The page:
Unfortunately I am getting this story from the other half so all the details might be sketchy but I was wwondering what the outcome might be.
Friends away on holiday and returned to find the house broken into and a car stolen along with other household items, they think that they must have had a van with them as things like drawers and a large TV were also taken that would not have fitted in the car.
On checking the insurance, House covered, car covered but then they discovered that they needed an MOT as the car was just over 3 years old. Car was taxed but had been parked on the road outside house.
They haven't asked for advice on here but I'd thought I'd kick-off the discussion so I can offer any crumbs of comfort through the wife .(Or should this have gone in ANOTHER FORUM?)
What does the MOT have to do with it?
Car Insurance firm are asking for a current MOT certificate as the car is over 3 years old, unfortunately, they don't have one to send and are worried the Insurance company won't pay out.
Is it a condition of the policy?
Flame pit is probably more appropriate, but anyway. I wouldn't expect the MOT to affect car insurance in this case, since the MOT status has no relevance to the circumstances of the claim - it's not like they would have left it had it been MOT'd.
Lack of MOT will affect the value hence the pay out.
Shouldn't affect their liability for theft as the two are unrelated. The Adjustor might think otherwise. Presumably the car was declared as kept on the road when not in use? (i.e. no fictiicious garage?)
The value bit is the one part that I thought about but the woman concerned is sure they will not pay out. I will pass on the comments and update when I know more.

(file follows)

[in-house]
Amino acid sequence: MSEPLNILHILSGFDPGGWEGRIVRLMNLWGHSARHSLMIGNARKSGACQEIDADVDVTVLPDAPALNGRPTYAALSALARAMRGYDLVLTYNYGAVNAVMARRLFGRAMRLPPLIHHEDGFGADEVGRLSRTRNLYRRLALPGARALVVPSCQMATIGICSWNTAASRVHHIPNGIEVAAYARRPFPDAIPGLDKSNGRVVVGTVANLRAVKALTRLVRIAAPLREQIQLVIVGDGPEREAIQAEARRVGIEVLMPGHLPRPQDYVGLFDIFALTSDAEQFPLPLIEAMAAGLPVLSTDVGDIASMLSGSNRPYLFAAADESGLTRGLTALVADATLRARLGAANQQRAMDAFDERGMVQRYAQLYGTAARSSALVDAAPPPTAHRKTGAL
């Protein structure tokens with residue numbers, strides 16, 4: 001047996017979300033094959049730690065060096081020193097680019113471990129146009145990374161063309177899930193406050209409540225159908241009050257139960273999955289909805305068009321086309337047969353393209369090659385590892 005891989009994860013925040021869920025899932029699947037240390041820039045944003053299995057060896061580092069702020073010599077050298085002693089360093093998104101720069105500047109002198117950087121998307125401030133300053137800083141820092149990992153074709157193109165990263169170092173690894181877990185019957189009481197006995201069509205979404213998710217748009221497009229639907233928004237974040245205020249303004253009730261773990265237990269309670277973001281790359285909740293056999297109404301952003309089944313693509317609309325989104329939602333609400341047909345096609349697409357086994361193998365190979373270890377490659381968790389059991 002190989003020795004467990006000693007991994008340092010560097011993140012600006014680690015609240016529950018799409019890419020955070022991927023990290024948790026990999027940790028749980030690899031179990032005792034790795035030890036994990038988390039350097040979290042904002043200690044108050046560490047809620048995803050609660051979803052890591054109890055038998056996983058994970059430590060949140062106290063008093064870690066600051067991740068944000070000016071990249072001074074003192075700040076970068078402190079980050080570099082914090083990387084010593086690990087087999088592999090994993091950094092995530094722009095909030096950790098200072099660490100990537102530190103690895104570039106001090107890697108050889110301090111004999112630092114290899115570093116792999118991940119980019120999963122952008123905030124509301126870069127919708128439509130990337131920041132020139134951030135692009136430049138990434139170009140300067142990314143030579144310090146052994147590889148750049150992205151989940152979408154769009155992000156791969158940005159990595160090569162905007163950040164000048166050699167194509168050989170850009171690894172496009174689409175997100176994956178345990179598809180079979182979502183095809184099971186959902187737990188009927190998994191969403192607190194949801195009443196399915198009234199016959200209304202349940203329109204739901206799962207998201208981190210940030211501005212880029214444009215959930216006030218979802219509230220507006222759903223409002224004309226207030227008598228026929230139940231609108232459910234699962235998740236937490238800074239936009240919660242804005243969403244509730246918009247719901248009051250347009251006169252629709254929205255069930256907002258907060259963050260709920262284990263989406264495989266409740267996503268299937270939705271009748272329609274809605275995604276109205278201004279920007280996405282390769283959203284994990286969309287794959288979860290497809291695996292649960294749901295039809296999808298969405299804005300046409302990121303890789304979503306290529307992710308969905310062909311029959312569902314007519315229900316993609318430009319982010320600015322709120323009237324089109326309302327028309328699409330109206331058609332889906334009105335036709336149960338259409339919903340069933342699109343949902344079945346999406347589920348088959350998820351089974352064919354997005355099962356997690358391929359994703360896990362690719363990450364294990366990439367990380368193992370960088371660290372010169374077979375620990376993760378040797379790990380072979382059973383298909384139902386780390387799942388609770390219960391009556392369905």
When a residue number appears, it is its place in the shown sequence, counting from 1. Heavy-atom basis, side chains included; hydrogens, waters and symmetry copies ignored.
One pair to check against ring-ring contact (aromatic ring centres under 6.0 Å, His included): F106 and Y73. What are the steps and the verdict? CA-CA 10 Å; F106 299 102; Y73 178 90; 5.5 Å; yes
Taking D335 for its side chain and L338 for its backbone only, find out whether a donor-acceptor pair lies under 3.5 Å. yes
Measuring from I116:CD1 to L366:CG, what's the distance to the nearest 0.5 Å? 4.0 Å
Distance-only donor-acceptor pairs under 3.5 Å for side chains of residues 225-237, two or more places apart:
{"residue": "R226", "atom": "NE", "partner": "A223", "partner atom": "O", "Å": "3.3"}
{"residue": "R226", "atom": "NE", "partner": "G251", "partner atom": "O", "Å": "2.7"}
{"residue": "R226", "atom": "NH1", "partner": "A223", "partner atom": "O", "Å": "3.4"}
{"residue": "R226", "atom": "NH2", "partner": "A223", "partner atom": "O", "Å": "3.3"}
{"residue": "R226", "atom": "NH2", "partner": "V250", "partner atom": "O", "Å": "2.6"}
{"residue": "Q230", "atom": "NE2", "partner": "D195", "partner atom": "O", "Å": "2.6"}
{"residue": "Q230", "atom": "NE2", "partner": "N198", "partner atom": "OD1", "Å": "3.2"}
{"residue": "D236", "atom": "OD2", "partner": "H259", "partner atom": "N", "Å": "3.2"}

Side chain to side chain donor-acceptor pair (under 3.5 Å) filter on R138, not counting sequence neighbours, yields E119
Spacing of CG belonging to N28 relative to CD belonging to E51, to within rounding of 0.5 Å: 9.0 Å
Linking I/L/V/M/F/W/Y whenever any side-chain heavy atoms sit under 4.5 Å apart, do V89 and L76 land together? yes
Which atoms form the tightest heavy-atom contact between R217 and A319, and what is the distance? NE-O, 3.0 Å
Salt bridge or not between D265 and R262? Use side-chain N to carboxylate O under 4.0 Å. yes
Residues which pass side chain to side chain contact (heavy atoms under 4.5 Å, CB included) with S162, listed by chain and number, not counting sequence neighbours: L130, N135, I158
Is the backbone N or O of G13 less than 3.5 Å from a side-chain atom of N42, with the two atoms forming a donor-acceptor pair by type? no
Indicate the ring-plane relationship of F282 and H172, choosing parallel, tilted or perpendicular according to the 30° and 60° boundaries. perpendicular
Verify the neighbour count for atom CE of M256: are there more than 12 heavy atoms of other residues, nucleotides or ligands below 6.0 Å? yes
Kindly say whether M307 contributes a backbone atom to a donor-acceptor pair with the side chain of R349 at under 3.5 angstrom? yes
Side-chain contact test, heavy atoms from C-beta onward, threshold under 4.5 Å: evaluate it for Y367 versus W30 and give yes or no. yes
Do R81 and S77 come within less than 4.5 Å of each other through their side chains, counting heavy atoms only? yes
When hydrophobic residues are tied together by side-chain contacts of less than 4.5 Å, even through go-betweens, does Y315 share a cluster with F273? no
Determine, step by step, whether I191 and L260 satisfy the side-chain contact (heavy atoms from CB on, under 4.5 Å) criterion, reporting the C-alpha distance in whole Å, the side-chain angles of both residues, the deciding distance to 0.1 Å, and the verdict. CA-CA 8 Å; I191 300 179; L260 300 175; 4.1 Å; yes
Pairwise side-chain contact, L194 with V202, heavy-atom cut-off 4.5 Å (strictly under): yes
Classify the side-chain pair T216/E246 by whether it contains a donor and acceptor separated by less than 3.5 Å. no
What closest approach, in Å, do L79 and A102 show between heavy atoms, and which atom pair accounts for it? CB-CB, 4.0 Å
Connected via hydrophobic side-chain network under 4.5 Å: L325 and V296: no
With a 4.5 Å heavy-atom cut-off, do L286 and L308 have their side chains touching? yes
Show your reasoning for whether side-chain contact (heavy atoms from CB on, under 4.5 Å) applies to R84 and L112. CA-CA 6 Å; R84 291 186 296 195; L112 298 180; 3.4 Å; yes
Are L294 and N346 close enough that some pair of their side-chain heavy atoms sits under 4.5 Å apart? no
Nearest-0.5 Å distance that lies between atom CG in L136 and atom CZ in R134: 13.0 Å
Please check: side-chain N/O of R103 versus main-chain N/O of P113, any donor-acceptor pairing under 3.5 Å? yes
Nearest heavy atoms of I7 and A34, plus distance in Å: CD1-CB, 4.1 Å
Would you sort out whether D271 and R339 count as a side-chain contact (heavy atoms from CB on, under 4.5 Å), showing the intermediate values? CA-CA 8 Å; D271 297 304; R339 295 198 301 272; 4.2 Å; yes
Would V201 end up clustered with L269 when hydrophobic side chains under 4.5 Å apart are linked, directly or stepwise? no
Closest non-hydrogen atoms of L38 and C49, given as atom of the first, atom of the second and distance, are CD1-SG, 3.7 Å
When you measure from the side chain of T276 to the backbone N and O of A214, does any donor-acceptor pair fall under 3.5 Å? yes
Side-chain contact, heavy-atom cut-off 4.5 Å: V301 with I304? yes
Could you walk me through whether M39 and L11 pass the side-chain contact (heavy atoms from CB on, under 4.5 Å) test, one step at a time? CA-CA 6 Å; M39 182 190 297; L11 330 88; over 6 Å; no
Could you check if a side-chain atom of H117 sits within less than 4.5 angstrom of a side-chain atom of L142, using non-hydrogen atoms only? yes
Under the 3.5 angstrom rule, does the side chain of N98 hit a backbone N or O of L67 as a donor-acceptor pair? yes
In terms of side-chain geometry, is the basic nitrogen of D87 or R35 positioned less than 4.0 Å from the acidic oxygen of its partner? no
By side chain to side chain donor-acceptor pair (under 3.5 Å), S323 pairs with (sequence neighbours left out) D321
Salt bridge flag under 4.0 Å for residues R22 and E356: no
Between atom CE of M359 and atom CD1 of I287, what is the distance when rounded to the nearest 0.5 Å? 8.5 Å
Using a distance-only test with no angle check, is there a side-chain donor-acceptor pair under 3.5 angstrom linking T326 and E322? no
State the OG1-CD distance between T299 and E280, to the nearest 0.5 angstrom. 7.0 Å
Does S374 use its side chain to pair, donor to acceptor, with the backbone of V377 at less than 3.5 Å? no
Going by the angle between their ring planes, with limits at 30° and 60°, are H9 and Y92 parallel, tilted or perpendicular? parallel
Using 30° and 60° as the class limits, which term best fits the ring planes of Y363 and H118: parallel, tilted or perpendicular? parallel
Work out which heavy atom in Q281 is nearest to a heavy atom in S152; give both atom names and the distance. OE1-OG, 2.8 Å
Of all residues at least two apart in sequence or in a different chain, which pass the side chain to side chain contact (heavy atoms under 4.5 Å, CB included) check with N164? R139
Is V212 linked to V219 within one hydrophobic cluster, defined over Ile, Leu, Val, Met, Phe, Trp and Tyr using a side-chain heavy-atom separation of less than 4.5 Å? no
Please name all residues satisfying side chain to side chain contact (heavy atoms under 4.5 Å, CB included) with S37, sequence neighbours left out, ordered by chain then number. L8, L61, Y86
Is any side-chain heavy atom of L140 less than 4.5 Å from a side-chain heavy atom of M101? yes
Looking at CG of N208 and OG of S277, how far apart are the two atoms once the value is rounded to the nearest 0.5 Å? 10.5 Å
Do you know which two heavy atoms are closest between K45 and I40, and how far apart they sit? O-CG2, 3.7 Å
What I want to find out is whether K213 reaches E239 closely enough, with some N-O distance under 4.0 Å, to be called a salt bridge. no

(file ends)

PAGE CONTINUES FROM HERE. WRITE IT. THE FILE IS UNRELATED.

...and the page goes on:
An MOT is required if used on the road. As the vehicle was parked unattended when stolen it did not need an MOT. However as has been said you need to check your policy to see what if anything it says about having an MOT. I would be surprised if it makes a difference.
Yes, no offence committed until it moves, and only the. If it's not on it's way to a prebooked MOT.
Insurance would be needed though.
As others have mentioned the lack of an MOT will not affect the Insurers liability to pay a theft claim, it will however mean the car is worth less than a car with an MOT so the payout will be affected.
Insurers typically settle written off car claims that don't have an MOT based on the "Trade" value.
Some Insurers state an MOT is required and many Insurance staff also believe this, if you're told your claim isn't valid due to a lack of an MOT the Insurers are wrong, if this happens post back here and I can provide links from the Insurers regulators and also the Ombudsman confirming they need to deal with the claim.
Be aware that not having an MOT is generally the type of indicator that causes Insurers to make extra investigations into a theft claim, this is because it's fairly common for people who can't afford the work required to get their car MOTed to have their car stolen fraudulently. The extra investigations are typically a longer "cognitive interview" (Google it). Tell her to stick to telling the truth and she'll be ok, if she decides to lie about any part of the theft they have a habit of discovering it
Insurers often ask for your wellies that you wore as a kid, even for minor bumps.
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